New Jersey Governor Phil Murphy recently announced a major expansion to the state’s Medical Marijuana Program.
According to NBC Philadelphia, the governor recently held a press conference to announce the expansion, which includes lowering fees for patients and caregivers, adding five more qualifying conditions, and introducing new legislation to increase monthly product limits for individual patients.
Previously, the state program included those living with the following conditions:
- Amyotrophic lateral sclerosis (Lou Gehrig’s disease)
- Multiple sclerosis
- Muscular dystrophy
- Inflammatory bowel disease (like Crohn’s disease)
- Any terminal illness with a prognosis of less than 12 months
- Seizure disorders (like epilepsy and intractable skeletal muscular spasticity)
NJ.com reports the new expansion added the following conditions:
- Tourette’s Syndrome
- Chronic pain associated with musculoskeletal disorders (like rheumatoid arthritis, lupus, fibromyalgia and opioid use disorder)
- Chronic pain associated with intestinal disorders (like pancreatitis, irritable bowel syndrome, and neurogenic bladder and bowel dysfunction)
However, not all cannabis advocates are celebrating the recent expansion.
“Honestly, I’m a little disappointed by Murphy’s expansion,” Jessie Gill, a registered nurse and founder of cannabis blog Marijuana Mommy, tells Big Buds Magazine. “I am thrilled to finally see patients with chronic pain and anxiety access this medication, but the administration was poised to add these conditions months ago.”
Christina Haas, a surgical registered nurse at Inspira Medical Center Vineland — and whose business phone hasn’t stopped ringing since the announcement — explains, “There is no consistency with medicine availability and the prices are so high that raising the monthly allotment is a slap in the face. It seems you have to be rich to afford to be healthy. We should be looking to the Pacific Northwest for pricing. Their market is so flooded with medicine they are less than half our prices.”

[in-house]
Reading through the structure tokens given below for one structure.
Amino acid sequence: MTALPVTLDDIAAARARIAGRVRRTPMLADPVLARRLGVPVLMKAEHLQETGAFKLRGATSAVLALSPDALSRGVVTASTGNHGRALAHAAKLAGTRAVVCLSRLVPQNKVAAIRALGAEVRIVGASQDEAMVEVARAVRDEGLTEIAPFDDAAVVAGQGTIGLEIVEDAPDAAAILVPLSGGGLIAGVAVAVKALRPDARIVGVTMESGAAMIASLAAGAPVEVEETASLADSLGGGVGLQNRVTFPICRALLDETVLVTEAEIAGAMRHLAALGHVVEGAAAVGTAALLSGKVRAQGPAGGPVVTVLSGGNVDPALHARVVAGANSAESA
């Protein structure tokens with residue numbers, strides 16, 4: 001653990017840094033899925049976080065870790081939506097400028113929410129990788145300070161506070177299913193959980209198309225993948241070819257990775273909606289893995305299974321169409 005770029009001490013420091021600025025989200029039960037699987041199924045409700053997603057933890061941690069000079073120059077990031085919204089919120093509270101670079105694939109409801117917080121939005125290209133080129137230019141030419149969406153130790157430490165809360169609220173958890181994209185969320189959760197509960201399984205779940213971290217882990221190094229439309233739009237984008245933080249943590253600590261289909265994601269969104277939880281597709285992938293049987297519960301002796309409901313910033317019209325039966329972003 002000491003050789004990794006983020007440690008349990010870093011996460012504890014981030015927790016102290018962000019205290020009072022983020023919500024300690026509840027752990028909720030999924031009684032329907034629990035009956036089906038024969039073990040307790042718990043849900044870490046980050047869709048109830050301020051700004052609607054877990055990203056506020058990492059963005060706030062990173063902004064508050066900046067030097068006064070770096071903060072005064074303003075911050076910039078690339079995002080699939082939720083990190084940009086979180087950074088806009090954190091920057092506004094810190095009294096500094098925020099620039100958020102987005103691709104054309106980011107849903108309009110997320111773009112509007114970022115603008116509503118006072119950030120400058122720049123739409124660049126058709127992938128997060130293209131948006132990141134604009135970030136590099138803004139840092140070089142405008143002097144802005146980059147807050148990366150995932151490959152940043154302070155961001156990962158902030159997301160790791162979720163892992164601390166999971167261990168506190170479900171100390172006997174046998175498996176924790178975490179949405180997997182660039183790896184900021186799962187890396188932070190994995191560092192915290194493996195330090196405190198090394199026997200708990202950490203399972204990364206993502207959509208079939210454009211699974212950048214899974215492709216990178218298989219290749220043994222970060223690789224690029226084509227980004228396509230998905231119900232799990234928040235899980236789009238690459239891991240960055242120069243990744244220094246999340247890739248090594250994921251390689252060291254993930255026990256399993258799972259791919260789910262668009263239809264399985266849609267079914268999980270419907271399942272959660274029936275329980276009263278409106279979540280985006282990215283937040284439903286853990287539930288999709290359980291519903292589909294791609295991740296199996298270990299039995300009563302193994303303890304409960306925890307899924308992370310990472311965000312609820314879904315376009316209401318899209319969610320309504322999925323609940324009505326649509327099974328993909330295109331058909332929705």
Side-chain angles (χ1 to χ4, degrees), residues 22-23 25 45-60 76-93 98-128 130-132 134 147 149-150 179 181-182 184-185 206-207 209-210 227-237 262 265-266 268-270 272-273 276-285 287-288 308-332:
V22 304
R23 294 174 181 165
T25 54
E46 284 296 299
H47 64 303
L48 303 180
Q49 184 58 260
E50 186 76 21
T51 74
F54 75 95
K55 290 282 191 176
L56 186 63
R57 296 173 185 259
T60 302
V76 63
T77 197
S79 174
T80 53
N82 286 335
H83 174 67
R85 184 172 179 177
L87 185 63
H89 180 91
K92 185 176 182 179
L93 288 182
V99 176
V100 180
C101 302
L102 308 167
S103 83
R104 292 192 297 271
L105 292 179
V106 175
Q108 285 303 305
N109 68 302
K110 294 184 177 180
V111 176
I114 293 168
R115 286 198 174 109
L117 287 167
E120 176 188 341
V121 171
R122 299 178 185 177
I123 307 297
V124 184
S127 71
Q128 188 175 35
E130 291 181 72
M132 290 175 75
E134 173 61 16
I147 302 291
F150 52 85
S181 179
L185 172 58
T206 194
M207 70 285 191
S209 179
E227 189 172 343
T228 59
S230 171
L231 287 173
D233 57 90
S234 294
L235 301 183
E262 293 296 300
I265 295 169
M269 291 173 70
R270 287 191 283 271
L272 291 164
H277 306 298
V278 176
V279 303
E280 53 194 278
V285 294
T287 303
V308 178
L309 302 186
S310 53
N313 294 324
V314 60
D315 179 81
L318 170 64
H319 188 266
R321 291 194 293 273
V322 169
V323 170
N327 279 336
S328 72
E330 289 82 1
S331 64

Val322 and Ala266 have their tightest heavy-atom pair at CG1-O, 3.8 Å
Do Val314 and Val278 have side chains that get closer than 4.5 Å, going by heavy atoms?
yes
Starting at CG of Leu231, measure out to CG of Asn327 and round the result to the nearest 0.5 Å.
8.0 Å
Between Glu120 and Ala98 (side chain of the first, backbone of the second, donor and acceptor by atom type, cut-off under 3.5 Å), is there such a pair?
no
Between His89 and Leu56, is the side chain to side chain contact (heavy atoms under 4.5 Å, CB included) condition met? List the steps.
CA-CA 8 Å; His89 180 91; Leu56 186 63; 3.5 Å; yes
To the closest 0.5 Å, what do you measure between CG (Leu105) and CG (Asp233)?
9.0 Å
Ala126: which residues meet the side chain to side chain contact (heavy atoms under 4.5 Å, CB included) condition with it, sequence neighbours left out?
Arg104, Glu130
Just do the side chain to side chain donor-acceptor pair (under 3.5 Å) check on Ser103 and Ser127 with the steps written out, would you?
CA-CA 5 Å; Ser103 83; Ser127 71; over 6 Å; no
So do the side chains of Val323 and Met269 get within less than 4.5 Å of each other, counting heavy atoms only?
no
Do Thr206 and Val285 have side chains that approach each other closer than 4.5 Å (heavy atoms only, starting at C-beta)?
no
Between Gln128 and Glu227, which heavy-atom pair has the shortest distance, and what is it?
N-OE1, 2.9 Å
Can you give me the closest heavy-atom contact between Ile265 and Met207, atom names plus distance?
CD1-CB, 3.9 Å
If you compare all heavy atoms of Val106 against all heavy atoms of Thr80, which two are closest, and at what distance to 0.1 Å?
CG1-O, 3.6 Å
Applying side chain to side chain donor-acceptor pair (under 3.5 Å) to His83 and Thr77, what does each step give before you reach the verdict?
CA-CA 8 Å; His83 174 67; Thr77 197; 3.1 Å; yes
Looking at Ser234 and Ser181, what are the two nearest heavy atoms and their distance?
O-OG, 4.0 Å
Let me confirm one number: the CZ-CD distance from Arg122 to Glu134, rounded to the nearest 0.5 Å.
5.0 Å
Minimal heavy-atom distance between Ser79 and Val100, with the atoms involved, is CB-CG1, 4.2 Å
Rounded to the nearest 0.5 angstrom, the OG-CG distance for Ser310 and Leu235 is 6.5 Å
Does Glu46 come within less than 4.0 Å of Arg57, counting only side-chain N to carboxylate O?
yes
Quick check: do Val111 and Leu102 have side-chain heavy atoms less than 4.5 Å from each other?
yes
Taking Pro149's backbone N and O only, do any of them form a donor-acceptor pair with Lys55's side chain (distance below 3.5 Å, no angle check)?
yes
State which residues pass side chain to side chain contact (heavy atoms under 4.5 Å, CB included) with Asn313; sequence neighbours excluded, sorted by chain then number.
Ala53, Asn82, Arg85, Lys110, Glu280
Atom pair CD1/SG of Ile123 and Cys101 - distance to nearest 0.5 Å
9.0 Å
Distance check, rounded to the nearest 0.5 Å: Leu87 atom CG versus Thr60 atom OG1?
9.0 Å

Governor Murphy, a Goldman Sachs alum, campaigned in the 2017 gubernatorial race on a pro-legalization stance, promising to legalize recreational cannabis within the first 100 days of office. Well, the clock is ticking. He was inaugurated on January 16, marking April 26 as his 100th day as governor.
“Hardly anything was done to immediately address the high prices of medical cannabis in New Jersey, but hundreds of thousands of patients could potentially be added to the program,” says Gill, who is also a medical cannabis recipient herself. “The only thing that happens immediately is existing Alternative Treatment Centers can apply for waivers to open satellite locations. Who knows when these locations will actually open? An increase in demand is often accompanied by a price increase or a reduction of quality, especially when supply is so limited, so I’m concerned.”
One crucial component missing from New Jersey’s Medical Marijuana Program is legislation pertaining to home growing, which Gill says is “the only way to make sure patients have access to a consistent supply of the strains they need.”
Massachusetts policy, for instance, allows a household with two adults aged 21 and older to grow up to 12 cannabis plants. Additionally, data shows more Americans want to grow their own cannabis. Plus, Haas adds that home growing helps those who can’t access dispensaries — whether it’s based on their socioeconomic situation or ability — to access their medicine.
“Murphy’s plan lacks foresight,” Haas insists. “He should have a sit-down with me sometime and I can tell him how to do this properly.”
For more information on New Jersey’s Medical Marijuana Program, visit the State of New Jersey Department of Health website.